Unique Adaptations Help Ducks Thrive in the Andes
A torrent duck family
By Jessica M. Castillo

A torrent duck family
Unique Adaptations Help Ducks Thrive in the Andes
By Jessica M. Castillo
An international group of biologists discover how torrent ducks manage to thrive in low-oxygen environments.

A diving bird, the torrent duck is like a seal or penguin. Not in looks, of course, but in physiology. Like emperor penguins or Weddell seals, University of Miami researchers discovered, torrent ducks have among the highest concentrations of myoglobin, the protein that holds oxygen in muscle tissue.

That’s partly how this tiny waterbird species, averaging less than a pound, expertly dives in high-altitude rivers in the Peruvian Andes and has managed to survive for close to a million years in permanent states of hypoxia, or lack of oxygen. Travelers can see the ducks in the surging whitewater on the train ride to Machu Picchu.

“In most environments where you encounter hypoxia, it’s usually where animals will be able to escape it at some point,” said Neal Dawson, a postdoctoral biology researcher at the UM College of Arts and Sciences and McMaster University in Ontario, Canada, who with fellow UM biologists Kevin McCracken and Luis Alza discovered this adaptive trait on a July 2015 expedition. “In high altitudes, there’s no escaping it. These territorial ducks are stuck year-round with this hypoxia environment.”

The researchers’ expedition was part of a larger study, started in 2010, where scientists from UM, McMaster University, the University of British Columbia, the University of Alaska Fairbanks, and the CORBIDI institute in Peru set out to uncover what helps birds in the Andes thrive in such a high-altitude, low-oxygen environment.

For this latest study, the waterbird biologists focused on the torrent duck (Merganetta armata), a reluctant flier which, except when nesting, lives almost exclusively in the water. Working in remote villages north of Lima, the researchers learned how the ducks are able to hold their breath for a long time during repeated dives at high elevation by measuring their enzyme function across different metabolic pathways and the energy generation rates of their mitochondria, the cell’s powerhouse.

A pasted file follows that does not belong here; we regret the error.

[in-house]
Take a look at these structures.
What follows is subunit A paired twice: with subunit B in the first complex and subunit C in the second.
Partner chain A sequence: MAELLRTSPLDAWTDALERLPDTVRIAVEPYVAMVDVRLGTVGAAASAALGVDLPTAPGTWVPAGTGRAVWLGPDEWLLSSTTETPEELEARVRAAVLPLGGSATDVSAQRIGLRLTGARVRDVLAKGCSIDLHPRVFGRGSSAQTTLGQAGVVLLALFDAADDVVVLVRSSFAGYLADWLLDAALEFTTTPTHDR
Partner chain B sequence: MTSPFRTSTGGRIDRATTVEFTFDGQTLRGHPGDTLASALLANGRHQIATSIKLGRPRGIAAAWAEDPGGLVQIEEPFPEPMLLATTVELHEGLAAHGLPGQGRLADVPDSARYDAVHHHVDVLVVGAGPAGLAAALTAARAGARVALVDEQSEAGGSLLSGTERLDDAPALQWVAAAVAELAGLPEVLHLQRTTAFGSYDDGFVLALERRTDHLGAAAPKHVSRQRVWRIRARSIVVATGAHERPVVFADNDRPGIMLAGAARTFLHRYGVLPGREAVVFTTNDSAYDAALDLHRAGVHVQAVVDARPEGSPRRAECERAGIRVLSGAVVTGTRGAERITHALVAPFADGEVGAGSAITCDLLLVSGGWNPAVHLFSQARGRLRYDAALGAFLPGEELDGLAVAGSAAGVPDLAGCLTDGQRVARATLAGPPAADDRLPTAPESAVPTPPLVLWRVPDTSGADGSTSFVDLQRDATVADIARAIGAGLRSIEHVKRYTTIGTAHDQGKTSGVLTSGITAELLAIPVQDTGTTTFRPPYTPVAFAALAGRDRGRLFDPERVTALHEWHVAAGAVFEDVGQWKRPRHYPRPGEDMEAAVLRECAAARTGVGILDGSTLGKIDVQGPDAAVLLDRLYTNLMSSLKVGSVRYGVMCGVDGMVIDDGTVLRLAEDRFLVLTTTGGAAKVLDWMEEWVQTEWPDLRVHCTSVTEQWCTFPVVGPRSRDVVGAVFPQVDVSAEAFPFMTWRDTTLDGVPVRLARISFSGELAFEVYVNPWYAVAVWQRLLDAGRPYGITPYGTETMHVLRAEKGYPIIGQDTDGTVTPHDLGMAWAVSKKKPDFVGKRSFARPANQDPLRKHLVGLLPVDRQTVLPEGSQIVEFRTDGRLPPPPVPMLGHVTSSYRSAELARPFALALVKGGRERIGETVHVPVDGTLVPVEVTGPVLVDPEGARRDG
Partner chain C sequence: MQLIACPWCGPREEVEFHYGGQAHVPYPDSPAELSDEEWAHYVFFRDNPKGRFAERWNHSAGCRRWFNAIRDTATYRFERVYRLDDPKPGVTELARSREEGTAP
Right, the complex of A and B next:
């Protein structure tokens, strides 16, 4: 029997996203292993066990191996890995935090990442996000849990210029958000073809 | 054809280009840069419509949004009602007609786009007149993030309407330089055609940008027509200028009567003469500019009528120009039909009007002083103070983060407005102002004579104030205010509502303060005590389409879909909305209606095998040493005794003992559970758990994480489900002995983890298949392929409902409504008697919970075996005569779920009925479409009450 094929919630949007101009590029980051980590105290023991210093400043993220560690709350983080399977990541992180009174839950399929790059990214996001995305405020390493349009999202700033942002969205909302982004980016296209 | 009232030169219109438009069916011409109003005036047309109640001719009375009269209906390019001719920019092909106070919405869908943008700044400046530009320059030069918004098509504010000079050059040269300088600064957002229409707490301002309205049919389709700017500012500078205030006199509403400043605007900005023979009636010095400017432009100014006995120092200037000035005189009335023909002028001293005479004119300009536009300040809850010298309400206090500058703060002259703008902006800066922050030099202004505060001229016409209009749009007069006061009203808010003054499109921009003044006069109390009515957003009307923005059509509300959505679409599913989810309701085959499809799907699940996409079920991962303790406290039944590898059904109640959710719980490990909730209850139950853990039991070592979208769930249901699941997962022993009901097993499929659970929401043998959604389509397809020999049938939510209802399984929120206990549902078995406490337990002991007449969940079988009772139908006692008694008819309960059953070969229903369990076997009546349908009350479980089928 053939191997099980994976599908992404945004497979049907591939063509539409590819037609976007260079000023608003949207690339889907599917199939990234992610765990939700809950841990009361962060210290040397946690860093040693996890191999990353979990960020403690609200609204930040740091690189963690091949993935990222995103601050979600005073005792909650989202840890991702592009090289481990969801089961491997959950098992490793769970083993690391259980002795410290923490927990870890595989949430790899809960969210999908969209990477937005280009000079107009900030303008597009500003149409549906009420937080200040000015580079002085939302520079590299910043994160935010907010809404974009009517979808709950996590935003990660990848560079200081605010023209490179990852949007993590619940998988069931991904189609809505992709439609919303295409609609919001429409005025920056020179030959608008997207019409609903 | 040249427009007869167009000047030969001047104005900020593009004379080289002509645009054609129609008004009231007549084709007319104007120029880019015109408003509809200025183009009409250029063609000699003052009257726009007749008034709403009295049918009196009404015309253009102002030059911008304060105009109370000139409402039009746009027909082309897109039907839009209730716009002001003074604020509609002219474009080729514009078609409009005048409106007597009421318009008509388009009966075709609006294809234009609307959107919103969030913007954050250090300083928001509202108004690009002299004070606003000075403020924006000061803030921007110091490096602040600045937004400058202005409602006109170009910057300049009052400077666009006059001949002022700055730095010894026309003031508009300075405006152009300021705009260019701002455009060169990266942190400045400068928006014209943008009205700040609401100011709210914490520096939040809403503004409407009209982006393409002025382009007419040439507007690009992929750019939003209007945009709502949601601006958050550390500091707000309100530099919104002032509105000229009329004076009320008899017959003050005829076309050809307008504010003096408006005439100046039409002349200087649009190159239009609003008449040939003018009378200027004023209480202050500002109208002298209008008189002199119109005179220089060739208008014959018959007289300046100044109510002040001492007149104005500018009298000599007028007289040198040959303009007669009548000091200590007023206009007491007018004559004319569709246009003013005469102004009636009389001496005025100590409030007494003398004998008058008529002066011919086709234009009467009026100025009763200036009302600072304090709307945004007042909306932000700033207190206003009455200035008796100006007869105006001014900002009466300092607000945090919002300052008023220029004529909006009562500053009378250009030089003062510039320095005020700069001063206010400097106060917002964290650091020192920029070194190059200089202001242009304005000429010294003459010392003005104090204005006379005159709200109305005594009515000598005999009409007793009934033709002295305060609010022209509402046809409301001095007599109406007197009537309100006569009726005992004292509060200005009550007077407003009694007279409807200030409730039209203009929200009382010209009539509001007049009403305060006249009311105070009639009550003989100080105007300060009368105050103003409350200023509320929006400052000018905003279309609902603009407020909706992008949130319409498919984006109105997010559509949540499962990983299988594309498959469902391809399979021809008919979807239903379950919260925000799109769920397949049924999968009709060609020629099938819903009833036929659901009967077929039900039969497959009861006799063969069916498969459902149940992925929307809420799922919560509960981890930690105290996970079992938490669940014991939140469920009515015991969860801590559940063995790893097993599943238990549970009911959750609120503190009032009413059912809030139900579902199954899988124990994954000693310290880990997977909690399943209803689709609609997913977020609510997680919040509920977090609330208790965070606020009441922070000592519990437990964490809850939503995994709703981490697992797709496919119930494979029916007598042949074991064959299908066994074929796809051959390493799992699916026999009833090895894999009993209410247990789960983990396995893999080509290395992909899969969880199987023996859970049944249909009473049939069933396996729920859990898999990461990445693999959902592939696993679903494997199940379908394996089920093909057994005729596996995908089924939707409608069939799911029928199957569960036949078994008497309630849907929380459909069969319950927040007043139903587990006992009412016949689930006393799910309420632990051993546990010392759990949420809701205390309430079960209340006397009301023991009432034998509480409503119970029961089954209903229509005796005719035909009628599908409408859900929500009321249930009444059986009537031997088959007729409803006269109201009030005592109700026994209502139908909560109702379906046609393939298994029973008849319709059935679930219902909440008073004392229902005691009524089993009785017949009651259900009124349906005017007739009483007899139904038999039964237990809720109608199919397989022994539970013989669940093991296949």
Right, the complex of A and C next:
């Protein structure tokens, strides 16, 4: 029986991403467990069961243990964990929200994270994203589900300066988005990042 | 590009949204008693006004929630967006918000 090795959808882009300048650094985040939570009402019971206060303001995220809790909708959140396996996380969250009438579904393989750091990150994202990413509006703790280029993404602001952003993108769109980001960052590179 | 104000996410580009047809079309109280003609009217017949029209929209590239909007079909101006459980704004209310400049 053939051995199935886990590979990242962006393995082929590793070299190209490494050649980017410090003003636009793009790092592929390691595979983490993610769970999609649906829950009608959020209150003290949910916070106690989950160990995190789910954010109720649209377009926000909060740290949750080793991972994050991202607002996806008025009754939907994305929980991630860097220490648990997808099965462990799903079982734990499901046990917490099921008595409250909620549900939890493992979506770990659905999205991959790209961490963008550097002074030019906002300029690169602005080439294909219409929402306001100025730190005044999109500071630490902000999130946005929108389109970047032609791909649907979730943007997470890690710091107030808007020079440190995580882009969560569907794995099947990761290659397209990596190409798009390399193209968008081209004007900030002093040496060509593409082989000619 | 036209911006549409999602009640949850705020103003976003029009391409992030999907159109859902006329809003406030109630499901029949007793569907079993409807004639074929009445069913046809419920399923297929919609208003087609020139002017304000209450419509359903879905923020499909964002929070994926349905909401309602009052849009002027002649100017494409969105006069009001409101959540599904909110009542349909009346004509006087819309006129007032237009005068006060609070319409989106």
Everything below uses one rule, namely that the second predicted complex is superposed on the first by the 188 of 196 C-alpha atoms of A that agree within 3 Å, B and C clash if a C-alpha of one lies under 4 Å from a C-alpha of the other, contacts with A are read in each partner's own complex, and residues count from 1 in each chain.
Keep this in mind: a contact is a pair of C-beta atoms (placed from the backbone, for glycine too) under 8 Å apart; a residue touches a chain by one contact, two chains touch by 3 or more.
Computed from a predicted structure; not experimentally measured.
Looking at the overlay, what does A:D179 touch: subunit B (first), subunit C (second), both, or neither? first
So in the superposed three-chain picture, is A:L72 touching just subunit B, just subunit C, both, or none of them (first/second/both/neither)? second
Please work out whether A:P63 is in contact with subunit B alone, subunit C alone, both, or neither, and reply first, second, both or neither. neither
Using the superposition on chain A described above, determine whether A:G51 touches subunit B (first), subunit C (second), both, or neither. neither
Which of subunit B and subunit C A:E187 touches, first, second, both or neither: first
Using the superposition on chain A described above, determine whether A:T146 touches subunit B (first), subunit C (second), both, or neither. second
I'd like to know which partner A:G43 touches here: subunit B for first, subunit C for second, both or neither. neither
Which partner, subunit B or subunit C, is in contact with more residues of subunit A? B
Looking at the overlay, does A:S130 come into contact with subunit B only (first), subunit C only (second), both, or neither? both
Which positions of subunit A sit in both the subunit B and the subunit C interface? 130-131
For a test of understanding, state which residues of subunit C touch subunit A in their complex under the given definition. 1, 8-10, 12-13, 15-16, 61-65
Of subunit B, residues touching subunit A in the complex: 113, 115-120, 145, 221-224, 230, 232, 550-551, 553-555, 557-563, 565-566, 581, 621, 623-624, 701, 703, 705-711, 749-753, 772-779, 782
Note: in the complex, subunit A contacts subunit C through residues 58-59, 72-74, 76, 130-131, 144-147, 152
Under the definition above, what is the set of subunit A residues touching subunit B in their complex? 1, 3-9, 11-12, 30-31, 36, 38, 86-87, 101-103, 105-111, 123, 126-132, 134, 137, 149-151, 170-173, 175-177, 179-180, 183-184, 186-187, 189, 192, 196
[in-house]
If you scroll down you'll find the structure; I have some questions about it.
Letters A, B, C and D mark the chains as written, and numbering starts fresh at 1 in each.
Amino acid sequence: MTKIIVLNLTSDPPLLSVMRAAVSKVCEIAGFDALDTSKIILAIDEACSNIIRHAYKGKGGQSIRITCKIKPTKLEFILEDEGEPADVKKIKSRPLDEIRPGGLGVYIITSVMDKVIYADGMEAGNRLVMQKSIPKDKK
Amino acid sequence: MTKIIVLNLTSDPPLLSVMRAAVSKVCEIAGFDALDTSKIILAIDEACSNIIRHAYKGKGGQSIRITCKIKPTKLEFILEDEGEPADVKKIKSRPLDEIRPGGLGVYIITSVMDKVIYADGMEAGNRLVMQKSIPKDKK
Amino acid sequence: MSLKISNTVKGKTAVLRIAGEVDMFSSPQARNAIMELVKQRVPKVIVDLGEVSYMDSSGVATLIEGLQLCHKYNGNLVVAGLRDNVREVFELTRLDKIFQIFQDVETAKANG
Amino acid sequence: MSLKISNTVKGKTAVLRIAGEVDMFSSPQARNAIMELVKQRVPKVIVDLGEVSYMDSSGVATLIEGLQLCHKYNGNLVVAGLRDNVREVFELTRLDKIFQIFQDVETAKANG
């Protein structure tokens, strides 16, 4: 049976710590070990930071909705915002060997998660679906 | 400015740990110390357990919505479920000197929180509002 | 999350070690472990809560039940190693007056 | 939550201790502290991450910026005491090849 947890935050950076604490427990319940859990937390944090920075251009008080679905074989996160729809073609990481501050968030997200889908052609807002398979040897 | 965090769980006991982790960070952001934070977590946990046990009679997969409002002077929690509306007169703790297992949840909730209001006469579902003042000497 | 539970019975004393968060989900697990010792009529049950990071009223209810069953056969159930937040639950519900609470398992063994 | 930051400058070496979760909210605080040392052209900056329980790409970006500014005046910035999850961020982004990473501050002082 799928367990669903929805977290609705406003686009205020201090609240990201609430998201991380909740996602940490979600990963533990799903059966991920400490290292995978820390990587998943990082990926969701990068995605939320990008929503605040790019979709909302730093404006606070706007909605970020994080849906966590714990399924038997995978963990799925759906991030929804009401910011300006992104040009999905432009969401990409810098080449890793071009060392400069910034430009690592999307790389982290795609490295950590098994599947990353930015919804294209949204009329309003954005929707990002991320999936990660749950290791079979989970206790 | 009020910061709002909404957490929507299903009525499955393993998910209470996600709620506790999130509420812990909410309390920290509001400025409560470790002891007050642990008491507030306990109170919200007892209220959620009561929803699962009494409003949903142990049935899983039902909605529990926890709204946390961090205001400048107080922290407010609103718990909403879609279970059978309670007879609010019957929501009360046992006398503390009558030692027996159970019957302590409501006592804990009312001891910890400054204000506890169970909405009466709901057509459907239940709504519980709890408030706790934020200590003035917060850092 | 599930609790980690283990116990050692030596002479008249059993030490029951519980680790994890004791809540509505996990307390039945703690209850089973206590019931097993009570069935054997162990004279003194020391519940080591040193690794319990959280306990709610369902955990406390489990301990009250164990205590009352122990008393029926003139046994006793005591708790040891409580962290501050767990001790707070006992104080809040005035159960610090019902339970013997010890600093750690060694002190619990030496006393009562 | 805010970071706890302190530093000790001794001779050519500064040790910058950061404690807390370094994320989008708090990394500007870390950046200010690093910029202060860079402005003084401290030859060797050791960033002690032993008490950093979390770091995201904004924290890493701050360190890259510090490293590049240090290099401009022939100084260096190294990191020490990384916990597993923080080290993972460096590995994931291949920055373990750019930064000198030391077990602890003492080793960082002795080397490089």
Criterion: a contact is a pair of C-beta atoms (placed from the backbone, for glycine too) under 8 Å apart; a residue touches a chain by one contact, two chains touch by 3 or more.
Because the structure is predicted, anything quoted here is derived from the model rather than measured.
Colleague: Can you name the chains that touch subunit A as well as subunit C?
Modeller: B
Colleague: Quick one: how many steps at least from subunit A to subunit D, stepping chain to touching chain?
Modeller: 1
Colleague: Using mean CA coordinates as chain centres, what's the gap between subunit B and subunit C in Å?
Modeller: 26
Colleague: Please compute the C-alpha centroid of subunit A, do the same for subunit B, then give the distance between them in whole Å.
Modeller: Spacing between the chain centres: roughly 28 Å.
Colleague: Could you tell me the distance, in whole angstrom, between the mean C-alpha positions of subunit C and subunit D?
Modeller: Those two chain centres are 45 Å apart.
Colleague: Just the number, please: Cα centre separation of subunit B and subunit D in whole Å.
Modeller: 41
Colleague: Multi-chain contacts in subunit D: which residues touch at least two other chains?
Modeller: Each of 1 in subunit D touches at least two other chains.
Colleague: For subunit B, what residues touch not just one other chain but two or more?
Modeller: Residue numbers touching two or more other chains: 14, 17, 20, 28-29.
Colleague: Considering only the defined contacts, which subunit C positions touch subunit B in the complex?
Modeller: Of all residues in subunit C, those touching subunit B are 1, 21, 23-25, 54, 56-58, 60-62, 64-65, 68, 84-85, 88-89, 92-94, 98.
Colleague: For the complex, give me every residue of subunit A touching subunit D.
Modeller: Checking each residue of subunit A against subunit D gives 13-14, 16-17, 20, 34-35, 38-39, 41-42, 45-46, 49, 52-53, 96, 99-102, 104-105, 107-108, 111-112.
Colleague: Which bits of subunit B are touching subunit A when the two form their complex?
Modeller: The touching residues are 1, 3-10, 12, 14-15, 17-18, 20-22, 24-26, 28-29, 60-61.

“As a diving species, the torrent duck will do everything it can to not fly,” noted Dawson, lead author of the study. “So, instead of looking at its ability to fly, we looked at its ability to dive. We looked at its leg muscles, enzymatic muscle activity, properties of the blood, and body measurements and noticed there are a whole host of changes that have really ameliorated its ability to dive at high altitudes.”

The bird has uniquely adapted to its resource-poor habitat. In addition to high levels of myoglobin, the researchers found that the torrent duck has high levels of hemoglobin, the oxygen-carrying protein in red blood cells. That enables it to “max out what their oxygen stores can be,” said McCracken, the James A. Kushlan Chair in Waterbird Biology and Conservation.

“If your hemoglobin levels were at 18 or 19 grams per deciliter, you’d be visiting your doctor to discuss it,” McCracken said. “The torrent ducks are going as high as 25. Double the concentration of yours. You would probably go into cardiac arrest if your hemoglobin was as high as a torrent duck’s.”

The scientists also discovered that the torrent duck’s hemoglobin has a high affinity for oxygen, which may affect its recovery time after a dive. The duck’s dive time is limited by the amount of oxygen it can hold in its lungs, air sacs, and intercellular oxygen stores.